So what are we to make of Sen. Kerry's self-seared 30-year-old false memory of Christmas in Cambodia with its vast accumulation of precise details? Of being shot at by the Khmer Rouge (unlikely in 1968) and of South Vietnamese troops drunkenly celebrating Christmas (as only devout Buddhists know how)?
It's not about dates and places. For Kerry, his Yuletide mission was an epiphany: the moment when he realized his government was lying to the people about what was going on. This is the turning point, the moment that set the young Kerry on the path from brave young war volunteer to fierce anti-war activist.
And it turns out it's total bunk.
Thirty-five years on, having no appealing campaign themes, the senator decides to run for president on his biography. But for the last 20 years he's been a legislative non-entity. Before that, he was accusing his brave band of brothers of mutilation, rape and torture. He spent his early life at Swiss finishing school and his later life living off his wife's inheritance from her first husband. So, biography-wise, that leaves four months in Vietnam, which he talks about non-stop. That 1986 Senate speech is typical: It was supposed to be about Reagan policy in Central America, but like so many Kerry speeches and interviews somehow it winds up with yet another self-aggrandizing trip down memory lane.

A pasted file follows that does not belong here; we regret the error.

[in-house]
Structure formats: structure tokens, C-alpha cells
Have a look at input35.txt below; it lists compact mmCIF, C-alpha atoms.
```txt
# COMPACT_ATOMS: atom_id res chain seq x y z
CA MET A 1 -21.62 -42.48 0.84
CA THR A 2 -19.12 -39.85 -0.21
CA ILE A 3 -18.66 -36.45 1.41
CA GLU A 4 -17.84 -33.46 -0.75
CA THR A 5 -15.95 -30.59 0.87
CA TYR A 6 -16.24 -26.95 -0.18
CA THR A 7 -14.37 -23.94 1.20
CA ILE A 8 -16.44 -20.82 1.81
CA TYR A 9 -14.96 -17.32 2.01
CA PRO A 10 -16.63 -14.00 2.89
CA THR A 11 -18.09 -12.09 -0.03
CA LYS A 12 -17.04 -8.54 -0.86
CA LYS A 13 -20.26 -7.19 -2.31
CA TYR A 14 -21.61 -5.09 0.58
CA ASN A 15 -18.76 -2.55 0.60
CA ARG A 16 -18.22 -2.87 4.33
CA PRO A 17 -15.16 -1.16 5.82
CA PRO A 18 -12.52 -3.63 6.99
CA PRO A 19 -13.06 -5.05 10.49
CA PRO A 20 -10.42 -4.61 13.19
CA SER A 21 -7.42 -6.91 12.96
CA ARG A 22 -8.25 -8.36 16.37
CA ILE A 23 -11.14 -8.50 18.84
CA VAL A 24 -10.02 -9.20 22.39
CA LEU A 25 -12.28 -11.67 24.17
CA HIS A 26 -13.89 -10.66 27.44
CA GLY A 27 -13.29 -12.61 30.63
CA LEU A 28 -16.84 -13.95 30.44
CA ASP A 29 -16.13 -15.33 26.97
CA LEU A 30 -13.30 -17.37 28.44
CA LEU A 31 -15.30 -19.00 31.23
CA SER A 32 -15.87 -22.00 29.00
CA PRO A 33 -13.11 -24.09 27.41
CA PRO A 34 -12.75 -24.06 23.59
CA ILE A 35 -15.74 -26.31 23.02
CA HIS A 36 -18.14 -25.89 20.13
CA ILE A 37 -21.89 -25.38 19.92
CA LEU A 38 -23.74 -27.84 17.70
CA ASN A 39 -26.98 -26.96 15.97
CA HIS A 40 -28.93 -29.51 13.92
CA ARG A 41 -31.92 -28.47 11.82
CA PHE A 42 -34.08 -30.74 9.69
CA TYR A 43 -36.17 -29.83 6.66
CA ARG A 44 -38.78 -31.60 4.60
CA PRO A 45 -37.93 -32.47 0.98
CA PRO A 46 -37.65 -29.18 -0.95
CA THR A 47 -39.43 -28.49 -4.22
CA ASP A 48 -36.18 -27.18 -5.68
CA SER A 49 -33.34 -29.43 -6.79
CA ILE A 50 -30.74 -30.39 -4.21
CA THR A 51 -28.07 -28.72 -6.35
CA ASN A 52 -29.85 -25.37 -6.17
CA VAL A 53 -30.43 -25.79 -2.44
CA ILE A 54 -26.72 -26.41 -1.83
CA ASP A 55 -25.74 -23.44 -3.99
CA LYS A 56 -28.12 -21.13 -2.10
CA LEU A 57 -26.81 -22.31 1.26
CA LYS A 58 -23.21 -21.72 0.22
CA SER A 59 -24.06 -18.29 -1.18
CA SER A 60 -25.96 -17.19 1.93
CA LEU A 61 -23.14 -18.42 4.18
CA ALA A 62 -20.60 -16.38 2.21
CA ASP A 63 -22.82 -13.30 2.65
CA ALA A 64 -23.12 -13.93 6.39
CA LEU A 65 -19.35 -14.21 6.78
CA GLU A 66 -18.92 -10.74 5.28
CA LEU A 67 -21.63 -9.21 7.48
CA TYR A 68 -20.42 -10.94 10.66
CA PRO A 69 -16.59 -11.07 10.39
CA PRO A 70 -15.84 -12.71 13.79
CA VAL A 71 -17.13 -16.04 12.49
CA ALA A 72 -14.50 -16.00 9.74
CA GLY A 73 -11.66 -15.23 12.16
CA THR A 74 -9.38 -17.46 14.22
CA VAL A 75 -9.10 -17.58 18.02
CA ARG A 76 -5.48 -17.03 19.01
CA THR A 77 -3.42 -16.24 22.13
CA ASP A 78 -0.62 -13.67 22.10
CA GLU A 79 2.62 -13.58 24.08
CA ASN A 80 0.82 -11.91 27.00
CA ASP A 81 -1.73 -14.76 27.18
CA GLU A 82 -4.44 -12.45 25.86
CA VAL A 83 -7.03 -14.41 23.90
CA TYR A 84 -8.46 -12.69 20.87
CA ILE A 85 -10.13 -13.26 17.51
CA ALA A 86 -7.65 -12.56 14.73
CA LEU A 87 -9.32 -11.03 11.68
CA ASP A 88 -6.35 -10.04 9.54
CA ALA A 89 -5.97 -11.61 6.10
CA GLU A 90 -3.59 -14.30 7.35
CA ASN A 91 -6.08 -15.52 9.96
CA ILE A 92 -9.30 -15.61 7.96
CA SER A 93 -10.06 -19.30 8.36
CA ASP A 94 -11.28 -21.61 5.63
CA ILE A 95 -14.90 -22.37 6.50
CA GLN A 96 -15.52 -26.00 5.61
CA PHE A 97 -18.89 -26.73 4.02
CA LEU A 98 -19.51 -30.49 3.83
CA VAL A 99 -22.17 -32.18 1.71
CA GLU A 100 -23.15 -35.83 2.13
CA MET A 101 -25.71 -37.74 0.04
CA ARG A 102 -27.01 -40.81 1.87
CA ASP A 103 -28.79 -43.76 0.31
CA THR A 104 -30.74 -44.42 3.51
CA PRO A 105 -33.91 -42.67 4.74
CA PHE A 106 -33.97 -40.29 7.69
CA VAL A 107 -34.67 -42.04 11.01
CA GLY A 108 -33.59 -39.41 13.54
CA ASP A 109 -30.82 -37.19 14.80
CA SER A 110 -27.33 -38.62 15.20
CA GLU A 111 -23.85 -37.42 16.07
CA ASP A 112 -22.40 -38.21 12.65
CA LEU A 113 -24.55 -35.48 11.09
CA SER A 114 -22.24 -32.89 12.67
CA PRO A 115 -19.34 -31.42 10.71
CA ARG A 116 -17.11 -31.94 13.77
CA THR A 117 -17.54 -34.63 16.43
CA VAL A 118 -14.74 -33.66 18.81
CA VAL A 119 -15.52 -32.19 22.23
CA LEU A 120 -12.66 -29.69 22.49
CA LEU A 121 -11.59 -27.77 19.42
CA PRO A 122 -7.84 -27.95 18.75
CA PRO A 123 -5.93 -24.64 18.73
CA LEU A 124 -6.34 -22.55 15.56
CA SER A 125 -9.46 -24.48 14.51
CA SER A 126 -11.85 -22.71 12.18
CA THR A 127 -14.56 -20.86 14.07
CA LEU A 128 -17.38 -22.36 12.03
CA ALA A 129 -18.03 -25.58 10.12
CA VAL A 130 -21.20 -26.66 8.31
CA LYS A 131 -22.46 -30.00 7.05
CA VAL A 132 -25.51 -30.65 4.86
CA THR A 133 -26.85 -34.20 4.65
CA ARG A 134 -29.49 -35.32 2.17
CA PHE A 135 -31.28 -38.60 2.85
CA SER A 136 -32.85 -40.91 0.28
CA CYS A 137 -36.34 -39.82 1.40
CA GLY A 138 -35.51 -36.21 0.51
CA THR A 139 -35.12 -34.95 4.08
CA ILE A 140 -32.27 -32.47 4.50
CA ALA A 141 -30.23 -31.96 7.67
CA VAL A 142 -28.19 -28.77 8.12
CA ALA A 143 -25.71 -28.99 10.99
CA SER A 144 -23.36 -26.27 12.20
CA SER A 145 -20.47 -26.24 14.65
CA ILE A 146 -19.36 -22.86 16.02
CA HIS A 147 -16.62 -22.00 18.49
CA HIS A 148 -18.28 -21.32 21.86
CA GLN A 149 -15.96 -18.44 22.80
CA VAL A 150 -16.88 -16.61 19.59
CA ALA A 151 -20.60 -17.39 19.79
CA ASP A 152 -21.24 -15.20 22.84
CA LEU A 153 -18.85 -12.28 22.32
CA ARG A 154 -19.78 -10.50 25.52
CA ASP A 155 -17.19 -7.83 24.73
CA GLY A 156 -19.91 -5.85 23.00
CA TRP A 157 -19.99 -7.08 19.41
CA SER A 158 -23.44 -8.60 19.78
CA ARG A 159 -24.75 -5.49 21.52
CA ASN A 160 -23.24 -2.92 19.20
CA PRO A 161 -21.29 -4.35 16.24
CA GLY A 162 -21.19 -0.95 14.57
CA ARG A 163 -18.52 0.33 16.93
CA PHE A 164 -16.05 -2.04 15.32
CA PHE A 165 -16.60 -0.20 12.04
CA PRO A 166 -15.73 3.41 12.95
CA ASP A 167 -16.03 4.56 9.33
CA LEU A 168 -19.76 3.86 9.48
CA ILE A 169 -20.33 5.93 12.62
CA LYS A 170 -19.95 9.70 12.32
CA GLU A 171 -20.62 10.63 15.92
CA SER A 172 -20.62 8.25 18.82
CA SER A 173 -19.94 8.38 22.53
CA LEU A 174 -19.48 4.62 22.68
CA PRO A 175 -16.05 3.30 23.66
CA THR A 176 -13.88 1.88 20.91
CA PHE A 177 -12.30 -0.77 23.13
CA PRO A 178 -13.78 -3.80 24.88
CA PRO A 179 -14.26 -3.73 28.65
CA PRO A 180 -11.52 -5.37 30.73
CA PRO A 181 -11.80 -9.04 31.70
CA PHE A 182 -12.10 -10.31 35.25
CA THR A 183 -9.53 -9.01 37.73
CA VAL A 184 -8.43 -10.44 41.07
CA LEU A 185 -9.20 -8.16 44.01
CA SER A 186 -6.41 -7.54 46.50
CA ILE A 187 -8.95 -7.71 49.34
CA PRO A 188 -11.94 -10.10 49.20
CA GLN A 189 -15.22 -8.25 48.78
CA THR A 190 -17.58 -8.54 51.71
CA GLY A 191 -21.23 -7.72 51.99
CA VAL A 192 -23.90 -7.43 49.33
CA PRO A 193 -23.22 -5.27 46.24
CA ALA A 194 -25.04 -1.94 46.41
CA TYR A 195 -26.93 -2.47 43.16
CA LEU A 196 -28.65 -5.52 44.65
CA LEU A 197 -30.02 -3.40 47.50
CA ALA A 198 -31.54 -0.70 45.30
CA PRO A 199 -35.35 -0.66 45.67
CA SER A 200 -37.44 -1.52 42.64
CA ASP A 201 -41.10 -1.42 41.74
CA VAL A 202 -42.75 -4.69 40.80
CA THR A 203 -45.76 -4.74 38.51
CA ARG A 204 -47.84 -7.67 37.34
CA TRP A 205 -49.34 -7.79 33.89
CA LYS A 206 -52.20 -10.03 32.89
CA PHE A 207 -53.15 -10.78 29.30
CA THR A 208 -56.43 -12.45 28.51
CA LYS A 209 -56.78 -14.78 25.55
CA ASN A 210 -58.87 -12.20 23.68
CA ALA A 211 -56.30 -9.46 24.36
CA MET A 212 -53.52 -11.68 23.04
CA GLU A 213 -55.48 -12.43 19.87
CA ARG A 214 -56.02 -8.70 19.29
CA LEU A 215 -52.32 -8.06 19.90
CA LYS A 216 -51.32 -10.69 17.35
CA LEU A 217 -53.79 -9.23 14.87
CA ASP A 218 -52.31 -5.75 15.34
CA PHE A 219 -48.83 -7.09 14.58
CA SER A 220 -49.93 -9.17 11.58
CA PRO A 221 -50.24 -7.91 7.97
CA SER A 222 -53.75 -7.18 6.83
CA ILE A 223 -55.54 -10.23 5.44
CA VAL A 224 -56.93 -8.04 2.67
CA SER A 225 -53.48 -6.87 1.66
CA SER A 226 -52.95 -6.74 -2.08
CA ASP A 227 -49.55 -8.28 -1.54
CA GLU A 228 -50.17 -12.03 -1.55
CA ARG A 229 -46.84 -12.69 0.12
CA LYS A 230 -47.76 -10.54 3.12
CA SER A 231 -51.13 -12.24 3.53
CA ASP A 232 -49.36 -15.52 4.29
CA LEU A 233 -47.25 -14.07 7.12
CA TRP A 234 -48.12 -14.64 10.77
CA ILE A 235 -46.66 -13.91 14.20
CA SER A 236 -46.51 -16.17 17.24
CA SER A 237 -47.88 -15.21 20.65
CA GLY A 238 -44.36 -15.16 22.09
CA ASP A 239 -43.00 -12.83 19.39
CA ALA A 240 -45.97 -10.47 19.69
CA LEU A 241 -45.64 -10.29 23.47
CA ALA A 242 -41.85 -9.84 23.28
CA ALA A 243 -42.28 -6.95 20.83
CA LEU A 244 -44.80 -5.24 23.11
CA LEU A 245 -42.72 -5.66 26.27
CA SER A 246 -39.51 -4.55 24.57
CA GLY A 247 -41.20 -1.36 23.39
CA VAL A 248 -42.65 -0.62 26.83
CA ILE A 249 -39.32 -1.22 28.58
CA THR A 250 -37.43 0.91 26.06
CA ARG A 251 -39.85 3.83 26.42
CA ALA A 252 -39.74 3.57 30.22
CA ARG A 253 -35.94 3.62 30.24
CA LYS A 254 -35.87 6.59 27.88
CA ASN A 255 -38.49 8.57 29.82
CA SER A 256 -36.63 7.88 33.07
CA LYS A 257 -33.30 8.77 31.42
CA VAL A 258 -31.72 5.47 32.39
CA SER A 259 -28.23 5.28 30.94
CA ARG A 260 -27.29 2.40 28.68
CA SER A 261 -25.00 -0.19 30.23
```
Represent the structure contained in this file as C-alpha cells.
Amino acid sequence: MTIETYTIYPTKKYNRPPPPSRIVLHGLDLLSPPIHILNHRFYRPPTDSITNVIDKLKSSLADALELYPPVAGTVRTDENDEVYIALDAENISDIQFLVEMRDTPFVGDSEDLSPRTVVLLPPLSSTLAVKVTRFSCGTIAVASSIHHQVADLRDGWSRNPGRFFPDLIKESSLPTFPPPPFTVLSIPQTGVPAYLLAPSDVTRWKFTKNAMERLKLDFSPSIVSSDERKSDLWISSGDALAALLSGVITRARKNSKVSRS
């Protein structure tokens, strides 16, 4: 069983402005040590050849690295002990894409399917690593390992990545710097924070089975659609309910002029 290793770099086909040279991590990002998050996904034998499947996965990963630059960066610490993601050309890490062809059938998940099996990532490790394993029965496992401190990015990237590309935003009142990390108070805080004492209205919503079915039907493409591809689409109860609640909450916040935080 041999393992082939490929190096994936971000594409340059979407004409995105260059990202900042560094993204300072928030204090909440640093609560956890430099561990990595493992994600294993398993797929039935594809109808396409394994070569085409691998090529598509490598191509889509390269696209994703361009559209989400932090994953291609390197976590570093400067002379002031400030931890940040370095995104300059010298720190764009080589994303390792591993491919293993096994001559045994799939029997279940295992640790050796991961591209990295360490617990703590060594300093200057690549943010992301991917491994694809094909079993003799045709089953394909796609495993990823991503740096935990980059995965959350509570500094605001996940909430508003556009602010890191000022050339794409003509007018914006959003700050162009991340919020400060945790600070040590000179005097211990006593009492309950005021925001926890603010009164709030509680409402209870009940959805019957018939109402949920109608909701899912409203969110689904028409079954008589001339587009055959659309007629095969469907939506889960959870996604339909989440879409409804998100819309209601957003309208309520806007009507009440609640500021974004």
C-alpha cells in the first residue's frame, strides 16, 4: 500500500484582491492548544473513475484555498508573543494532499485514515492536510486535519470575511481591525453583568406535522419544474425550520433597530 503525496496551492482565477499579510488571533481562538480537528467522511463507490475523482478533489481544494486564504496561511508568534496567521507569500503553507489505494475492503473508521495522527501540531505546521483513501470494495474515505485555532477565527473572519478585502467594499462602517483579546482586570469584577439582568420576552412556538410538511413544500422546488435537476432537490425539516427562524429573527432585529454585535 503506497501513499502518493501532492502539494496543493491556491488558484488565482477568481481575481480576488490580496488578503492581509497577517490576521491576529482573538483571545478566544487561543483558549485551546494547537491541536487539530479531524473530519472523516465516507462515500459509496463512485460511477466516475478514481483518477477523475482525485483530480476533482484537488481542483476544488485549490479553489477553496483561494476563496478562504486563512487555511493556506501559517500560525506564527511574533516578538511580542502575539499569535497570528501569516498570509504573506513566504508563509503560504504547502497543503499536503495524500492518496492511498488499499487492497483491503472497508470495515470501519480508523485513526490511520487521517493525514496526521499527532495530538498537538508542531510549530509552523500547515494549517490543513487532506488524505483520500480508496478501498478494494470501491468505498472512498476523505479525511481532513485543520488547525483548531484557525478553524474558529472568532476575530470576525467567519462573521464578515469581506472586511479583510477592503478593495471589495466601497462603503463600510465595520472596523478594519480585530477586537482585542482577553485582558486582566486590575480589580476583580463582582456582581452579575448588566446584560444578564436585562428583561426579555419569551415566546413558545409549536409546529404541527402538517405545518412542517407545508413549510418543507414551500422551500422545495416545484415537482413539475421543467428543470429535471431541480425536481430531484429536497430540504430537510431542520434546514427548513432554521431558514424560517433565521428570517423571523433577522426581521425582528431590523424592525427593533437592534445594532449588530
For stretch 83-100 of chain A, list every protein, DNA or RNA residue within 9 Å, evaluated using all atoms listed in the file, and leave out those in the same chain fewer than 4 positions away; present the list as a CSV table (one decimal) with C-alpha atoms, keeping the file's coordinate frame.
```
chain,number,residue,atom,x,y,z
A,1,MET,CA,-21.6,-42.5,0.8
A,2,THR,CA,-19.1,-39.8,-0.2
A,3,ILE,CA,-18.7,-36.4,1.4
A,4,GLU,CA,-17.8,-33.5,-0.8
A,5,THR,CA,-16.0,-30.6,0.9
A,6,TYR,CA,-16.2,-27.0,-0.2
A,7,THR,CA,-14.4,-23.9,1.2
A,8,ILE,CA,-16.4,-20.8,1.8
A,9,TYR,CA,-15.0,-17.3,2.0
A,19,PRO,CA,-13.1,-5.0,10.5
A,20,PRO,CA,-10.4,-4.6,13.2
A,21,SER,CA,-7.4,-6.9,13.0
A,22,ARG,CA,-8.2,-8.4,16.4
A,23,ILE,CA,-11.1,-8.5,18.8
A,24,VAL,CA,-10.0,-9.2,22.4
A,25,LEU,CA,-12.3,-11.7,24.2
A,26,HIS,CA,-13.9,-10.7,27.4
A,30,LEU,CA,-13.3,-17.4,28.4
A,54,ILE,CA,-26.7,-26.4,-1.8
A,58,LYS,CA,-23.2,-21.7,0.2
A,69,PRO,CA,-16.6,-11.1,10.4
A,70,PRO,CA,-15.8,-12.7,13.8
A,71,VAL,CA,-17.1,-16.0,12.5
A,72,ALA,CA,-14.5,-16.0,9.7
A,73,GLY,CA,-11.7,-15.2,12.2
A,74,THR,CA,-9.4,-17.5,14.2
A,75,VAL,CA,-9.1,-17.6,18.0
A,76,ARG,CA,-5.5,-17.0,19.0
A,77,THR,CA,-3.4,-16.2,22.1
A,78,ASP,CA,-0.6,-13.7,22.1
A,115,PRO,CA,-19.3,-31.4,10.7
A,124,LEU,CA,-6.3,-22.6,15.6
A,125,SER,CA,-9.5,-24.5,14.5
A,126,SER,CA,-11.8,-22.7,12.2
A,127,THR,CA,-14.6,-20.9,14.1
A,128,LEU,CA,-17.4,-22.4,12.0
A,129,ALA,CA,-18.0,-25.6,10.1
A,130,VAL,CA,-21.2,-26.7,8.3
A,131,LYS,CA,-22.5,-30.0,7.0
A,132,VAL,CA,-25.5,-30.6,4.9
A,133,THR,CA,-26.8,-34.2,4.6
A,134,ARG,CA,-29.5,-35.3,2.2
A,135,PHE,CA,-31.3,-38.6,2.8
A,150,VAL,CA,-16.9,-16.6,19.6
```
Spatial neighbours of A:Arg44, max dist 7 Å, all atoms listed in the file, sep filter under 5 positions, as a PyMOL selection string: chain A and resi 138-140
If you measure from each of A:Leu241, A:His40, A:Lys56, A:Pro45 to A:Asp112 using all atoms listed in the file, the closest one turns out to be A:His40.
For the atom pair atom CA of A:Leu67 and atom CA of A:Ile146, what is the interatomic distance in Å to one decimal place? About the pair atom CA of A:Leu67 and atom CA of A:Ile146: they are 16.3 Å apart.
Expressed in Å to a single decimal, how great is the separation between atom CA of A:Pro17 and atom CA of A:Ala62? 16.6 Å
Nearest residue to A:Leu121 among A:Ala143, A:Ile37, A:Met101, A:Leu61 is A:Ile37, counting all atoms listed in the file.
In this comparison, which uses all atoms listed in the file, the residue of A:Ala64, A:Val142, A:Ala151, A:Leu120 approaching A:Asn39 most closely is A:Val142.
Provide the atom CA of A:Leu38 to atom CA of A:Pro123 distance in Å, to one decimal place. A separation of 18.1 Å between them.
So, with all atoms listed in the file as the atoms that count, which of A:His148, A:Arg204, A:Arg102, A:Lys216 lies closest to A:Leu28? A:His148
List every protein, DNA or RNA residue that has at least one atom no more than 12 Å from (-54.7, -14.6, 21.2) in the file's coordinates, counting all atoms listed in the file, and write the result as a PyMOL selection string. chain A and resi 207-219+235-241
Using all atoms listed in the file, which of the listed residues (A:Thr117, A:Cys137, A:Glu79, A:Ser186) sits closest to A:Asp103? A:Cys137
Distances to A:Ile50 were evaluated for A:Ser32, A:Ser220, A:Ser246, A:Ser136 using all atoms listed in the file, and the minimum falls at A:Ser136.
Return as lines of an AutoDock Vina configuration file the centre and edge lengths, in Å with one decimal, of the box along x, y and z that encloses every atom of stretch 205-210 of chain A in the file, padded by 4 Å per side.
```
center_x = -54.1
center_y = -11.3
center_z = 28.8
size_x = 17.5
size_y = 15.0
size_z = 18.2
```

A handful of Kerry's ''band of brothers'' are traveling around with his campaign. Most of the rest, including a majority of his fellow swift boat commanders and 254 swiftees from Kerry's Coastal Squadron One, are opposed to his candidacy. That is an amazing ratio and, if snot-nosed American media grandees don't think there's a story there, maybe they ought to consider another line of work. To put it in terms they can understand, imagine if Dick Cheney campaigned for the presidency on the basis of his time at Halliburton, and a majority of the Halliburton board and 80 percent of the stockholders declared he was unfit for office. More to the point, on the swift vets' first major allegation Christmas in Cambodia the Kerry campaign has caved.
Who is John Kerry? What is his ''unique truth?'' Consider this vignette from New Hampshire primary season as retailed in a recent 8,000-word yawneroo puff piece in the New Yorker:
'' 'He'll often thrash around in the night,' the filmmaker George Butler, who is one of Kerry's oldest friends, told me. 'He smashed up a lamp in my house in New Hampshire, in the bedroom where he was staying. Most Vietnam veterans go through this.'''
''Most?'' Whether or not John Kerry ever entered Cambodia, he seems unable, psychologically, to exit it.
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JWR contributor Mark Steyn is North American Editor of The (London) Spectator and the author, most recently, of "The Face of the Tiger," a new book on the world post-Sept. 11. (Sales help fund JWR). Comment by clicking here.